By late 1971, the band was concerned with Knight's managerial style and fiscal responsibility. This growing dissatisfaction led Grand Funk Railroad to fire Knight in early 1972. Knight sued for breach of contract, which resulted in a protracted legal battle. At one point, Knight repossessed the band's gear before a gig at Madison Square Garden. In VH1's Behind the Music Grand Funk Railroad episode, Knight stated that the original contract would have run out in about three months, and that the smart decision for the band would have been to just wait out the time.[7] However, at that moment, the band members felt they had no choice but to continue and fight for the rights to their careers and name. The legal battle with Knight lasted two years and ended when the band settled out of court. Knight came out the clear winner with the copyrights and publisher’s royalties to every Grand Funk recording made from March of 1969 through March of 1972, not to mention a large payoff in cash and oil wells. Farner, Brewer and Schacher were given the rights to the name Grand Funk Railroad.[8]

In 1972 Grand Funk Railroad added Craig Frost on keyboards full-time. Originally, the band had attempted to attract Peter Frampton, late of Humble Pie; however, he was not available due to signing a solo record deal with A&M Records. The addition of Frost, however, was a stylistic shift from Grand Funk's original garage-band based rock and roll roots to a more rhythm and blues/pop rock-oriented style. With the new lineup, Grand Funk released Phoenix, its sixth album of original music, in September 1972.[9]

To refine Grand Funk's sound, the band then secured veteran musician Todd Rundgren as a producer. Its two most successful albums and two number-one hit singles resulted: the Don Brewer-penned "We're an American Band" (from the number two album We're an American Band, released in July 1973) and "The Loco-Motion" (from their 1974 number five album Shinin' On, written by Carole King and Gerry Goffin and originally recorded by Little Eva).[2] "We're an American Band" became Grand Funk's first number-one hit on Farner's 25th birthday, followed by Brewer's number-19 hit "Walk Like a Man". "The Loco-Motion" in 1974 was Grand Funk's second chart-topping single, followed by Brewer's number-11 hit "Shinin' On". The band continued touring the U.S., Europe and Japan.[10]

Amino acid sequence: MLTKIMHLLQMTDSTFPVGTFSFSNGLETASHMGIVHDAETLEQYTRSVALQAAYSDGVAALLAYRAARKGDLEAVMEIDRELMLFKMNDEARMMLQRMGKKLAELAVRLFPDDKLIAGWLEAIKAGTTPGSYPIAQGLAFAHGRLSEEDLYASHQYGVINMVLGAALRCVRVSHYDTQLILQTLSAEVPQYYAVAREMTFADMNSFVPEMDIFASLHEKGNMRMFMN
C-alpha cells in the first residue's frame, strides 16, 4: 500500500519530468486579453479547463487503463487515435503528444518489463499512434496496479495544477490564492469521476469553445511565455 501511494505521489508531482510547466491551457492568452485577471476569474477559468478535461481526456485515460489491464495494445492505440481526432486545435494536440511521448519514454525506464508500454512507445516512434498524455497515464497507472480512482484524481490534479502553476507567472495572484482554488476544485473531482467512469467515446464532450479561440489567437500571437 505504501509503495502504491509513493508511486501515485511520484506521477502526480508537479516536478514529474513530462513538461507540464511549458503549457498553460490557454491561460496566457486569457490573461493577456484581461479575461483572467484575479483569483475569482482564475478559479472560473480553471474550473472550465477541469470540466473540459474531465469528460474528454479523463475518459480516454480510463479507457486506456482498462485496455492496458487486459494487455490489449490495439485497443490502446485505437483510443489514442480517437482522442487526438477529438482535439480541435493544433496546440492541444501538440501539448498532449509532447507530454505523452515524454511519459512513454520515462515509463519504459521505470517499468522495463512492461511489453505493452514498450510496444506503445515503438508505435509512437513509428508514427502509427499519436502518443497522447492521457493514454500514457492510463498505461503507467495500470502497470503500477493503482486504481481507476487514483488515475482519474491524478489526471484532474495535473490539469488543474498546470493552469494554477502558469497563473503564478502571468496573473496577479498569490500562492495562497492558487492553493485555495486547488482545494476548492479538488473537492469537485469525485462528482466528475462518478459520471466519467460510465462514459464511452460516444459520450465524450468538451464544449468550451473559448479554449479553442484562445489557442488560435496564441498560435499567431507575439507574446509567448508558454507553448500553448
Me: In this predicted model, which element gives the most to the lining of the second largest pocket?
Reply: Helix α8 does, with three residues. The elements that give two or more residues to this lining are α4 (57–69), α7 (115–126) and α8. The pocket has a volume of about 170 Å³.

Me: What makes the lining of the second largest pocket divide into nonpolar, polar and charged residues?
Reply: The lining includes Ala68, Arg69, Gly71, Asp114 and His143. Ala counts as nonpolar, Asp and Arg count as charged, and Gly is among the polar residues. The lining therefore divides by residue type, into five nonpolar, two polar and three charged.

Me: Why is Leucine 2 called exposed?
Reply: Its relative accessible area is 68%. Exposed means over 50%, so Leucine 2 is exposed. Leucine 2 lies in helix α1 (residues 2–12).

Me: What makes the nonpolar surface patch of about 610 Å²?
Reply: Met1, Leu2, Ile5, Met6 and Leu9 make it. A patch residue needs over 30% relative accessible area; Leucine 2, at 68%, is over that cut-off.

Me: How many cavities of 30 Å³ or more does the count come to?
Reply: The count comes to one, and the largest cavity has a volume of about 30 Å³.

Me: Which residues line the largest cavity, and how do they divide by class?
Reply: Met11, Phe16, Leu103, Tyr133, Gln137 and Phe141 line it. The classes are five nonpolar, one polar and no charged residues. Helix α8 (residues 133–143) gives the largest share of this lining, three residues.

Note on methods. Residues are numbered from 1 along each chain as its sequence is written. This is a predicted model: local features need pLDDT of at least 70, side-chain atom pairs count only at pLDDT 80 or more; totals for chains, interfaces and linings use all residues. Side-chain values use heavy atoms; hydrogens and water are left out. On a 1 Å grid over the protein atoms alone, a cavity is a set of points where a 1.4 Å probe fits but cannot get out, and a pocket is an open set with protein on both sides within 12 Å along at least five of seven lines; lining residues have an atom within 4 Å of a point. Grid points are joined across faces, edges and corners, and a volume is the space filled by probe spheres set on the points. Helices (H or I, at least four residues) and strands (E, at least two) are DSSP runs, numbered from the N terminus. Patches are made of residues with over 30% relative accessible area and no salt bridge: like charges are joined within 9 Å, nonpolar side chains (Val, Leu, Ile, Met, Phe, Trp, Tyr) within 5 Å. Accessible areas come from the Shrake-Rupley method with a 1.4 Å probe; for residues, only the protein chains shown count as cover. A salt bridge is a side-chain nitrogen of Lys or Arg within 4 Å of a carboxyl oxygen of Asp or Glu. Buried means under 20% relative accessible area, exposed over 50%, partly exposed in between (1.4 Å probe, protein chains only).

Mid-1970s[edit]

In 1974 Grand Funk engaged Jimmy Ienner as producer and reverted to using their full name: Grand Funk Railroad. The cover of All the Girls in the World Beware!!! (December 1974) depicted the band members' heads superimposed on the bodies of Arnold Schwarzenegger and Franco Columbu. This album spawned the band's last two top-10 hits, "Some Kind of Wonderful" and "Bad Time" in late 1974/early 1975.

Although they were highly successful in the mid-1970s, tensions mounted within the band due to personal issues, burn-out and disputes over musical direction. Despite these issues, Grand Funk forged ahead. Needing two more albums to complete their record deal with Capitol, Grand Funk embarked on a major tour and decided to record a double live album, Caught in the Act (August 1975).[8]